Are you kidding me? I am in full support of your bank charging that fee.
Amen Brother or Sister! And Dear OP, I see your $150 and raise you to 10%! Our state (anonymous!) allows ten bucks or ten percent whichever is greater. I want to start that now.
Financial institutions can offer a check-cashing service without having to compete on amounts or fees with MSBs or Wal-Mart. Wal-Mart is going to stomp all banks on all fees, so matching their rates won’t be possible in the foreseeable future. They don’t get expensive until they eliminate their competition.
If the check holder had a relationship with an MSB, they would be at that MSB instead of standing in our lobby. No, they came to our institution, and said, “I’d like to cash this check.” What possible reason could we have for refusing that request? The only reason is the risk that the check will be returned unpaid….and with Treasury checks, that could happen years later, or so I’m told.
So in order to perform this very high-risk service, we should demand a high reward. Every single customer will be offered the chance to deposit the check into a new, FREE, checking account (with no fees, not even overdraft fees, thanks to the regulators), and then of course they would have to wait until the new account hold expires. Or at the very least, until the next day for the first $5,000, if it is a cashier’s check. But I think that many of them will choose to pay our “convenience fee,” for the convenience of walking out the door with 90% of their cash in hand instantly, and not having to wait until tomorrow, and not having to ever see us again (until next year). They just don't WANT to have a bank account. Their reasons are many - many of which have nothing to do with any evil Boogeyman in the banking industry - and their reasons are their own and their reasons are valid.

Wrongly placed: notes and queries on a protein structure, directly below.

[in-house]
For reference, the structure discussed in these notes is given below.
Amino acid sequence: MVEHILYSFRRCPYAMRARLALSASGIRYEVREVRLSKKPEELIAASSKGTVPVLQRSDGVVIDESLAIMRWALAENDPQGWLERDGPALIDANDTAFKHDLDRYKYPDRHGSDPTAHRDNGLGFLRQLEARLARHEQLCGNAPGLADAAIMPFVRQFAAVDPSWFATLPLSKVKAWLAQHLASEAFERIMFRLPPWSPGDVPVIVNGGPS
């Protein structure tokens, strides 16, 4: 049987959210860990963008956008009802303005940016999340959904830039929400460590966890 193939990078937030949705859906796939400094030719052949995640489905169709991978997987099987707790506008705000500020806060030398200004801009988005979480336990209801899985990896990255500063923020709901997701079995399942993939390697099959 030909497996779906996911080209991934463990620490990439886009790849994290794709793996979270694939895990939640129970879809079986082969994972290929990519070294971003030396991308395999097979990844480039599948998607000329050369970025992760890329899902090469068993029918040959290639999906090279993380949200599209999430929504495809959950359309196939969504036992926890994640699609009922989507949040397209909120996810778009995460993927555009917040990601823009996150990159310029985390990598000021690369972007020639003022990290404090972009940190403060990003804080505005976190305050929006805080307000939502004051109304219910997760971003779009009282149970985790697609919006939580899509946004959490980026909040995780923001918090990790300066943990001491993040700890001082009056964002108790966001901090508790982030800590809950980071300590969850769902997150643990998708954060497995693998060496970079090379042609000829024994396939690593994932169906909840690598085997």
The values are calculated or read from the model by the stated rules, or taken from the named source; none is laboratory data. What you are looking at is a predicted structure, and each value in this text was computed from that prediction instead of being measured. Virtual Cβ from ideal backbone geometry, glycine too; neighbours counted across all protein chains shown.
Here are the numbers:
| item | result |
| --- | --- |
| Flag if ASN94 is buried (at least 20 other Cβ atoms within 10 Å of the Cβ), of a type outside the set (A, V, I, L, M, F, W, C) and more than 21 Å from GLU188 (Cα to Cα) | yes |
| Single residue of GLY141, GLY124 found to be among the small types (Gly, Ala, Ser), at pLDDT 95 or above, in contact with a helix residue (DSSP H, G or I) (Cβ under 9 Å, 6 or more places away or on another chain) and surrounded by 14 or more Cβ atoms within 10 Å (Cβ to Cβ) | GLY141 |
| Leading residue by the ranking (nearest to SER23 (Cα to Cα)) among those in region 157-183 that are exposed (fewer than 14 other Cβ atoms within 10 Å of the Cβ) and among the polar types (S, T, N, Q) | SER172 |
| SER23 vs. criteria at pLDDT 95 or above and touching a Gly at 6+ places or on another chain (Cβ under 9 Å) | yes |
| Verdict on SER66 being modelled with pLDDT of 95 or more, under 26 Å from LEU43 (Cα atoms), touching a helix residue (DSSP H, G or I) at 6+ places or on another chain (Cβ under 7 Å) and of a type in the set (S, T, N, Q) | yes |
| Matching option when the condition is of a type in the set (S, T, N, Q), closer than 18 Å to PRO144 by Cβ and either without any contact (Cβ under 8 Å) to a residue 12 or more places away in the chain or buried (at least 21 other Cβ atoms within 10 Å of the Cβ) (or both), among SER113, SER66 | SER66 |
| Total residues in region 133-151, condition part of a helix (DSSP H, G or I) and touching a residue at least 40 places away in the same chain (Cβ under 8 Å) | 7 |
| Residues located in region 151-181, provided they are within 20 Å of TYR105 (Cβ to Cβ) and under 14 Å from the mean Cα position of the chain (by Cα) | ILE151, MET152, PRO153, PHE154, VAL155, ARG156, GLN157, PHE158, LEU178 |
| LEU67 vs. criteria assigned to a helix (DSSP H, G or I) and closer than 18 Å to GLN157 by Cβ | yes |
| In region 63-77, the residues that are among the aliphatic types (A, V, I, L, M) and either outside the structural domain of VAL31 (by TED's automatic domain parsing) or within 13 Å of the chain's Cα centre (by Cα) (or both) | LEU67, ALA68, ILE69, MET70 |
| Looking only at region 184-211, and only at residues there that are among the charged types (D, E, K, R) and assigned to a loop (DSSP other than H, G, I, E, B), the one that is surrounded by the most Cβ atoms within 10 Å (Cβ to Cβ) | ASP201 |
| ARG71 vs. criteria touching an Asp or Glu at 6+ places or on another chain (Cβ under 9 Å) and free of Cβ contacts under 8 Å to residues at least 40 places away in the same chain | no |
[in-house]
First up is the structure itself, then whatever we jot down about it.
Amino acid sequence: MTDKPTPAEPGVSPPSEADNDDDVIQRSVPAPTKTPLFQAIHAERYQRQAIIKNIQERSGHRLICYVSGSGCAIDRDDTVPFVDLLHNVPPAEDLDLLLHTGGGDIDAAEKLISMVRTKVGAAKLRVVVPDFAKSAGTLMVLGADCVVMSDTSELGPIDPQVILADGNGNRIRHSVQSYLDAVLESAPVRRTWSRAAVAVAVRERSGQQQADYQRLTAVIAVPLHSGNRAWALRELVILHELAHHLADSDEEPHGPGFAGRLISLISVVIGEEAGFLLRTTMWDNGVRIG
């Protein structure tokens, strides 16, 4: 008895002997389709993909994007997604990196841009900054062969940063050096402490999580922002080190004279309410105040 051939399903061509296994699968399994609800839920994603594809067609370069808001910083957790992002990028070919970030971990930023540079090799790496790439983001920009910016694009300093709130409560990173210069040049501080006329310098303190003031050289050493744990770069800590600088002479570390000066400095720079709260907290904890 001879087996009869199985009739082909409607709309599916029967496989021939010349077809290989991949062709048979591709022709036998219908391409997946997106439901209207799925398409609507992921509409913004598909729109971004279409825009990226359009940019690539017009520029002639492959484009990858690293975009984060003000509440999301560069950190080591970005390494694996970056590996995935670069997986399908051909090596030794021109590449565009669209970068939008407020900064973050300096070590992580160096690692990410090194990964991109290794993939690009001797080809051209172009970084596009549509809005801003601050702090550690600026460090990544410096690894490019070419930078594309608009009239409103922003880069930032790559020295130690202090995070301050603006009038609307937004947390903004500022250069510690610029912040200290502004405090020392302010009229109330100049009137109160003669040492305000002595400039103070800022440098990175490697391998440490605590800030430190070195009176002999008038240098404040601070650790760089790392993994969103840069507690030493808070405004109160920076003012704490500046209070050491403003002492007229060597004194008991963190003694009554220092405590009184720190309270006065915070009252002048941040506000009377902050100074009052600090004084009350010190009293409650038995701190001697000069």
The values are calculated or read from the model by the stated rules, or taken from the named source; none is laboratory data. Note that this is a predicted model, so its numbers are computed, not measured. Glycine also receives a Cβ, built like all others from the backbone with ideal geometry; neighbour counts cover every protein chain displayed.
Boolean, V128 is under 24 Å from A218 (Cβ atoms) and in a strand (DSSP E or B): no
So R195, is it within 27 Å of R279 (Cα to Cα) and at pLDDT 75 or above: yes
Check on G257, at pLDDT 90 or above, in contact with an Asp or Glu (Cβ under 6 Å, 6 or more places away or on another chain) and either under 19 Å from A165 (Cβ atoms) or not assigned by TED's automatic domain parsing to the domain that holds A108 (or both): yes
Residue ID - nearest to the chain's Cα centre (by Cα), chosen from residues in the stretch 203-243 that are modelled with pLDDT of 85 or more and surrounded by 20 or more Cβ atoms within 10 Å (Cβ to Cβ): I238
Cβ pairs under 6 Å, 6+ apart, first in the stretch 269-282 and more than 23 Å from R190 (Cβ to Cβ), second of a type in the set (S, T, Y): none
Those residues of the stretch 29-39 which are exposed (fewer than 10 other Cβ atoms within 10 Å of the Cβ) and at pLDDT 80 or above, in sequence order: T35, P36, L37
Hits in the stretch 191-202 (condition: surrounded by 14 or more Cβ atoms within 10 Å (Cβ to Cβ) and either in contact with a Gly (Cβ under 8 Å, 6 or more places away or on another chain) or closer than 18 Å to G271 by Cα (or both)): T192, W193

Our “will you cash my check” customers are demanding things we cannot offer:
- Cashback of the entire amount of the initial deposit, or all but $100
- Come back and withdraw the entire amount the next calendar day (Saturday)
This change – the willingness to cash the checks, coupled with a fee to mitigate our risk – would be welcomed, most probably by the unbanked. And what is so UDAPy about catering to the demands of the unbanked? If you all insist, we’ll have every one of them sign a release, “I decline to open a free new account and I just want my money NOW. I am of sound mind and body and I choose to pay a 10% convenience fee in the amount of $_______ (i.e., $300 for $3,000).”
We have GOT to get this country out of the mentality that the government can protect us from everything…because that leads to believing that someone else (regulators, the bankers themselves even!) should make decisions for us consumer-citizens.